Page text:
#1
does anyone know what artists/composers are considered indian classical? Or where to start diving into this music? I know ravi shankar is a big one, but that's it.

thoughts?
#3
Master U Shrinivas, Shiv Kumar Sharma. From those 2 my fav is master, he's great and he uses a mandolin. hope you like it
#4
http://www.youtube.com/watch?v=ZA1NoOOoaNw



j/k

In all seriousness though, chances are that the indian music you've heard is of the Carnatic over the northern version. So it depends on which one you are interested. That said, Carnatic music has more of an improvisatory nature, so the term "composition" is loosely interpreted as they are more of a stepping stone than something set in stone. It's a lot of stuff to learn btw, as everything is completely different and you could say more advanced due to the fact that it has been developed for thousands of years versus our harmonic system that has a couple hundred.
#6
It seems like this is a reoccurring question each week, or of some variation. Since there's not a lot of "Indian" type lessons for guitar on the net (or any where else for that matter) this will help you...I have learned a lot or Ravi Shankar, U Shrinivas, Sultan Kahn, etc...over the years as well as many other music from India, Arabia, Morocco, etc...I even played in a band for a while that did nothing but these styles of music.

I have quite a few tutorials on "middle eastern" sounding scales, and techniques to creating the sound and insight you might be looking for.

These lessons deal with a few scales (Phrygian Dominant, Dominant Pentatonic, Major scale, etc...) as well as a few techniques (sliding, strum picking allowing you to accompany yourself with a drone while playing single note lines, microtones, etc...).

As with any of my lesson, if there's an Introduction or Essential Reading listed, START THERE!!!

Phrygian Dominant Tutorial (includes the strumming technique, some sliding, mictrotonal): http://lessons.mikedodge.com/lessons/PhryDom/PhryDomTOC.htm

Indian Sliding Technique Part 1 (shows the classic sliding technique found in much middle eastern music and uses a Dominant Pentatonic scale found in quite a bit of Shakti and John Mclaughlin, Chick Corea, etc... music): http://lessons.mikedodge.com/lessons/IndSlide/indslidehome_frames.htm

Indian Sliding Technique Part 2 (get more in depth with the technique and uses a lot of Phrygian Dominant lines): http://lessons.mikedodge.com/lessons/IndSlide2/indslidehome_frames.htm

Those aren't going to be your end all, but those sliding technique lessons have been used by some famous players to ramp up on copping the style into their playing. If you're really serious about the music itself I suggest a teach how teach carnatic music and maybe konokol.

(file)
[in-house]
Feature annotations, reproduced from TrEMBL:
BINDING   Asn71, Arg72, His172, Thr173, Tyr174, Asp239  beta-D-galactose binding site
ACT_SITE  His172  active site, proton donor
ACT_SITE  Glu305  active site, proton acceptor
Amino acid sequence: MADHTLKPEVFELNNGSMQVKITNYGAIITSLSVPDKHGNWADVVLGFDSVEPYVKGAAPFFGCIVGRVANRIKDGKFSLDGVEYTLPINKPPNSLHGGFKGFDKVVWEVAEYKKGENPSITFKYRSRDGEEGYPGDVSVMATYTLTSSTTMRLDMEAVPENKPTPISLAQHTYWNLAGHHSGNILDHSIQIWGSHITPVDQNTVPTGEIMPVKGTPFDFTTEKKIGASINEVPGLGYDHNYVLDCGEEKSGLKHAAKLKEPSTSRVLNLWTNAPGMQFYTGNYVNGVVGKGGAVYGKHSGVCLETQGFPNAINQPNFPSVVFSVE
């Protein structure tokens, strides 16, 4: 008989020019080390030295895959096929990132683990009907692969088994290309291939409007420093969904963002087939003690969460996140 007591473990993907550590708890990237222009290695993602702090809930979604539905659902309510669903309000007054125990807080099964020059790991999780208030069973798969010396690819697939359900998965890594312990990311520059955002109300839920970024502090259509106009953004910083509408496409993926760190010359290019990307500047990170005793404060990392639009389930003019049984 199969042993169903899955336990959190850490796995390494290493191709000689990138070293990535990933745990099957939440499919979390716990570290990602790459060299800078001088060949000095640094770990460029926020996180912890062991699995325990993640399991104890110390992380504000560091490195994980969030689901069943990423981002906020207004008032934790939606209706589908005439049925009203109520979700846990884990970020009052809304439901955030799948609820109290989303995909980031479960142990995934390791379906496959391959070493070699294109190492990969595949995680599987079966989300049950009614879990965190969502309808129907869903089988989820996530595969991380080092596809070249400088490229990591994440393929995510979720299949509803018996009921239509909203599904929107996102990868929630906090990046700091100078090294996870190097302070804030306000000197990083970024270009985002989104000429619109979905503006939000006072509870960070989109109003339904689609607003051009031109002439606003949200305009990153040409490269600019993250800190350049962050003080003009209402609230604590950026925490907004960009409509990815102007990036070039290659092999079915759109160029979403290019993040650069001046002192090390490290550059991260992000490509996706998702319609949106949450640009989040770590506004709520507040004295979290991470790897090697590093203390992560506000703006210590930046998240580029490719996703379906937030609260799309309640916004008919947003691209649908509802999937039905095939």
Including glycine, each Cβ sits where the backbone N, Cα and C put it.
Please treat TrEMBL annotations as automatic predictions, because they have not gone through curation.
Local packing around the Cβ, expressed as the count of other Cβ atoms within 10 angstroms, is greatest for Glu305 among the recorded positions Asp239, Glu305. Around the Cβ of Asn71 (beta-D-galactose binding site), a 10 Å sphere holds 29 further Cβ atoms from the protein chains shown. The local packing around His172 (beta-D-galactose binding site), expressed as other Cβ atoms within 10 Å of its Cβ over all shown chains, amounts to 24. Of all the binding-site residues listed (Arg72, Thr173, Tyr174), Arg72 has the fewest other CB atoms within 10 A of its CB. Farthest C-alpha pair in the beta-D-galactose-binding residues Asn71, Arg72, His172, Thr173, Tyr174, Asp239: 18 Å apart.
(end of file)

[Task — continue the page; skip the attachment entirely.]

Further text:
Here's a an example from Part 2 of just using nothing but the E Major scale, with the sliding, microtonal, strumming, etc...techniques:

http://www.youtube.com/watch?v=_16GNaUCoOM

And remember...playing this type of music/stuff takes dedication and discipline!!!

I also have this (below) for you from the 70's, it's an album that Ravi put out explaining the ragas (rhythms and scales). He explains, plays through the raga, then they play a 5-10 minute piece based on it...

The thing about traditional Arabic and Indian (most Middle Eastern) music is it wasn't based on harmony, only melody. In this case ragas were developed in the same way modes were back when they were used for chants.

Each raga/scale had a purpose, like did each modes did in the chanting days. There were scales that symbolize the morning, mid-day, and night time. These scales are the ragas. There are many more ragas of course but those are the simplest I've always thought.

Here you go...Introduction to Indian Music by Ravi Shankar. This is the back cover of the album I got in the 70's. Hopefully you can zoom it enough to the read it. You can still get the album at Amazon, but I'm not sure how this back cover it presented, or if it's even part of the package anymore, but I assume it is.

#7
Check out "Learn how to play Indian Ragas on your Guitar" by Rajan Mirchandani, available on Amazon.com. It is a formal study book if you want to seriously play Indian ragas on your guitar.
#8
I'm not sure what your eventual goal is, but if you're looking to incorporate an Indian/Middle Eastern sound into your playing Consider the Source is a must-listen. No one has managed to infuse Western styles with Eastern scales and rhythms quite like these guys: Consider the Source - Abdiel (Live) .
Last edited by pbskl at May 25, 2011,
#11
I think it's worth mentioning that part of sounding like an "Indian composition" is using Indian instruments.

Sure, you can play a Highland Fling with a clarinet or a trumpet or whatever, but in order to *sound* like a Highland Fling, it really needs to be played on the pipes.

Play some Indian composition on the guitar with a drummer and it won't quite have the sound you're looking for until you get a sitar and some tablas.

CT
Could I get some more talent in the monitors, please?

I know it sounds crazy, but try to learn to inhale your voice. www.thebelcantotechnique.com

Chris is the king of relating music things to other objects in real life.